Gifted Lives exhibition
Gifted Lives celebrates the stories of Queensland families whose lives have been touched by organ donation, whether as recipients or donors. The moving and heartfelt exhibition captures the profound human connections which occur around organ donation, and encourages viewers to reflect on the importance of registering as potential donors.
The photographs were taken by talented young Brisbane artist, Louis Lim, who is deeply moved by the diversity of human connections and experiences. Louis specialises in photography of people and situations which are often unseen in the media.
He visited each family who participated in this project, listened to their stories and had the great privilege of being invited into their lives. Louis’s beautiful images that resulted (portrait and still-life) speak to the trust he developed with his subjects—a trust which allowed for true collaboration. The photographs are intimate, revealing, joyful, intriguing and occasionally very sad. They reflect the many ways in which organ donation impacts individuals, families, communities and professional caregivers.
Gifted Lives is a joint initiative of Donate Life Queensland and Children’s Health Queensland’s Arts in Health Program.
Slowly but surely, Davina and her family started an extraordinary journey that would lead to her receiving a new heart. Davina was initially diagnosed with viral bronchiolitis and her parents were told she might be a lifetime asthmatic. She was put on Ventolin to help her breathing.
At eight months of age, D’s health rapidly declined with her parents seeking help at the Gold Coast University Hospital. What began as a routine admission would quickly escalate to a nerve-wracking ambulance trip to the Queensland Children’s Hospital. D spent two weeks in a coma and a total of five weeks in ICU; she only left ICU when a CareFlight was arranged to take her to the Royal Children’s Hospital in Melbourne for a heart review.
In Melbourne, doctors conducted a range of tests, and D continued to crash whenever her support drugs were reduced. It became obvious that she wouldn’t be leaving the city without a new heart.
After 11 weeks and four days on a life-supporting ventricular assist device and with doctors fearing her little body could no longer cope, D received an amazing gift of life – a heart transplant. Now, D is a happy, healthy two- year old, getting ready for her first day at day care and loving life with her parents and three doting older sisters.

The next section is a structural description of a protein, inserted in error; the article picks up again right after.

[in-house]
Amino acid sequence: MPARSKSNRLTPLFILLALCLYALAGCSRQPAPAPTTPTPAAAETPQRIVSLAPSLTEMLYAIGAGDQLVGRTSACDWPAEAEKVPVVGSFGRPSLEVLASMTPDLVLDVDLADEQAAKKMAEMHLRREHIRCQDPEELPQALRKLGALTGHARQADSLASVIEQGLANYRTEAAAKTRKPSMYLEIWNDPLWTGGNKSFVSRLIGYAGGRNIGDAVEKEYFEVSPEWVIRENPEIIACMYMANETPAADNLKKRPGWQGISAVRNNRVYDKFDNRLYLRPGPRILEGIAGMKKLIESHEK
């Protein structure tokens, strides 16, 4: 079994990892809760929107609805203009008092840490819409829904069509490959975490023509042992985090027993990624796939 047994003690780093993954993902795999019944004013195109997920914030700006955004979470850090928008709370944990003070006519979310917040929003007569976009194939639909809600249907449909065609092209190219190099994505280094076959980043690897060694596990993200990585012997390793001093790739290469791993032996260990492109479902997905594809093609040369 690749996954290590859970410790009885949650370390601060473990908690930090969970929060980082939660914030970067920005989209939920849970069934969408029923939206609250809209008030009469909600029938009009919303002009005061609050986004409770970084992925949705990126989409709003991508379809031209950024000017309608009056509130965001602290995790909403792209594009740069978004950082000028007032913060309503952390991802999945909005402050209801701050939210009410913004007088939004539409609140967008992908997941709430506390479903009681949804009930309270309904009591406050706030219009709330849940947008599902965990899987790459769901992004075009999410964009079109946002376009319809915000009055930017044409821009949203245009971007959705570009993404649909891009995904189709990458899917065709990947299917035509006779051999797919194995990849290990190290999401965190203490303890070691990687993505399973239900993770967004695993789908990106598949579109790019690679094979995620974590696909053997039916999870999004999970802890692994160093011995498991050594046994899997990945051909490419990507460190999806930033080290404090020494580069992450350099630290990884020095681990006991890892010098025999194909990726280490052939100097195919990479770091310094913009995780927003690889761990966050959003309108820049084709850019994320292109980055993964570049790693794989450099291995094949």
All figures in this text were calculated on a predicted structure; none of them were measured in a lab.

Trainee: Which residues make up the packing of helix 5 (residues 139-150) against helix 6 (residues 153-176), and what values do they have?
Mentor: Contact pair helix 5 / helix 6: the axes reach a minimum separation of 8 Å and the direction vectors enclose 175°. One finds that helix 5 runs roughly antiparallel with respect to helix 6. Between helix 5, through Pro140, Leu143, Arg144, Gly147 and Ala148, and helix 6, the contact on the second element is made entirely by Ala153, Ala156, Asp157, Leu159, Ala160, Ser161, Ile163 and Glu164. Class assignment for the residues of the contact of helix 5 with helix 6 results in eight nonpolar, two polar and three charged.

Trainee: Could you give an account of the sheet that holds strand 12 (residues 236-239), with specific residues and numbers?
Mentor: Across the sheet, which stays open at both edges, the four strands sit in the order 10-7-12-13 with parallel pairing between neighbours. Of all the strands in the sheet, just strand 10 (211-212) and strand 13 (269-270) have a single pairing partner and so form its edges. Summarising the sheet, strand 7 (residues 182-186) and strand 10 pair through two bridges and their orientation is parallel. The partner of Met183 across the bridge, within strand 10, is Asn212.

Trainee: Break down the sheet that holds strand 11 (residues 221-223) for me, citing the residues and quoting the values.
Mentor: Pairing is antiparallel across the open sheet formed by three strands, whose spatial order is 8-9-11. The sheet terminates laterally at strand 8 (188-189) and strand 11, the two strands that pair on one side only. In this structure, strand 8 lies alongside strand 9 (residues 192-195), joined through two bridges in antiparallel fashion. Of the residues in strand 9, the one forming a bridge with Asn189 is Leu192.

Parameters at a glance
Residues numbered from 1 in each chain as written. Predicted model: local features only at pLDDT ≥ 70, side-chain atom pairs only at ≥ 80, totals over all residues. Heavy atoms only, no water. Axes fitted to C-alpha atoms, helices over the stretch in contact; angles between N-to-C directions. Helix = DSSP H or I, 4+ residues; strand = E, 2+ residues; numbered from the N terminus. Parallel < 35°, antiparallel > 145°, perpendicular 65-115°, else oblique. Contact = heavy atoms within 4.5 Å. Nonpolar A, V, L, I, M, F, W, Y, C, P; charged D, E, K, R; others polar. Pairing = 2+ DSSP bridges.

For now, thanks to medications and tube feeding, Elise is stable and doing well while she waits. Her tummy is swollen and she has pressure on her heart and lungs from restricted blood flow as her liver tries to function as best it can. Elise’s mum, Anthea, said she’s a very determined, loving little girl, who stands up to her older brother and runs around like a happy toddler. Anthea said while the family is on alert for the upcoming surgery, they are concentrating on keeping Elise healthy. They are very grateful for the medical system that constantly gives them hope of a bright future for their daughter.
Kiana spent four long years on dialysis, until doctors decided it was time to step it up and prepare for a transplant. Kiana’s mum Monique said that as scary as it was, after speaking with Kiana’s doctors, it was decided that a living donor transplant offered the best chance of a normal life for Kiana. It was daunting for the family, knowing that Kiana probably has three to four transplants ahead in her lifetime.
The family got together and Kiana’s Ninny, her paternal grandmother, stepped forward as her first donor. Monique said they were amazed at Kiana’s quick recovery; she was up and walking two days after her surgery, back home after six days and she has never looked back. On June 2 the family celebrated her first ‘kidneyversary’. She is now enjoying doing all the things that weren’t possible before her transplant; swimming in pools, sitting in a full bath, going to sleepovers, going camping and family holidays. “Kiana has always been a happy little girl regardless of what has happened to her, but I would say that she is definitely seeing life and living in a new light and embracing it with every moment she can,” Monique said.
Kane, 39, Kye, 15 and Kaedyn, 16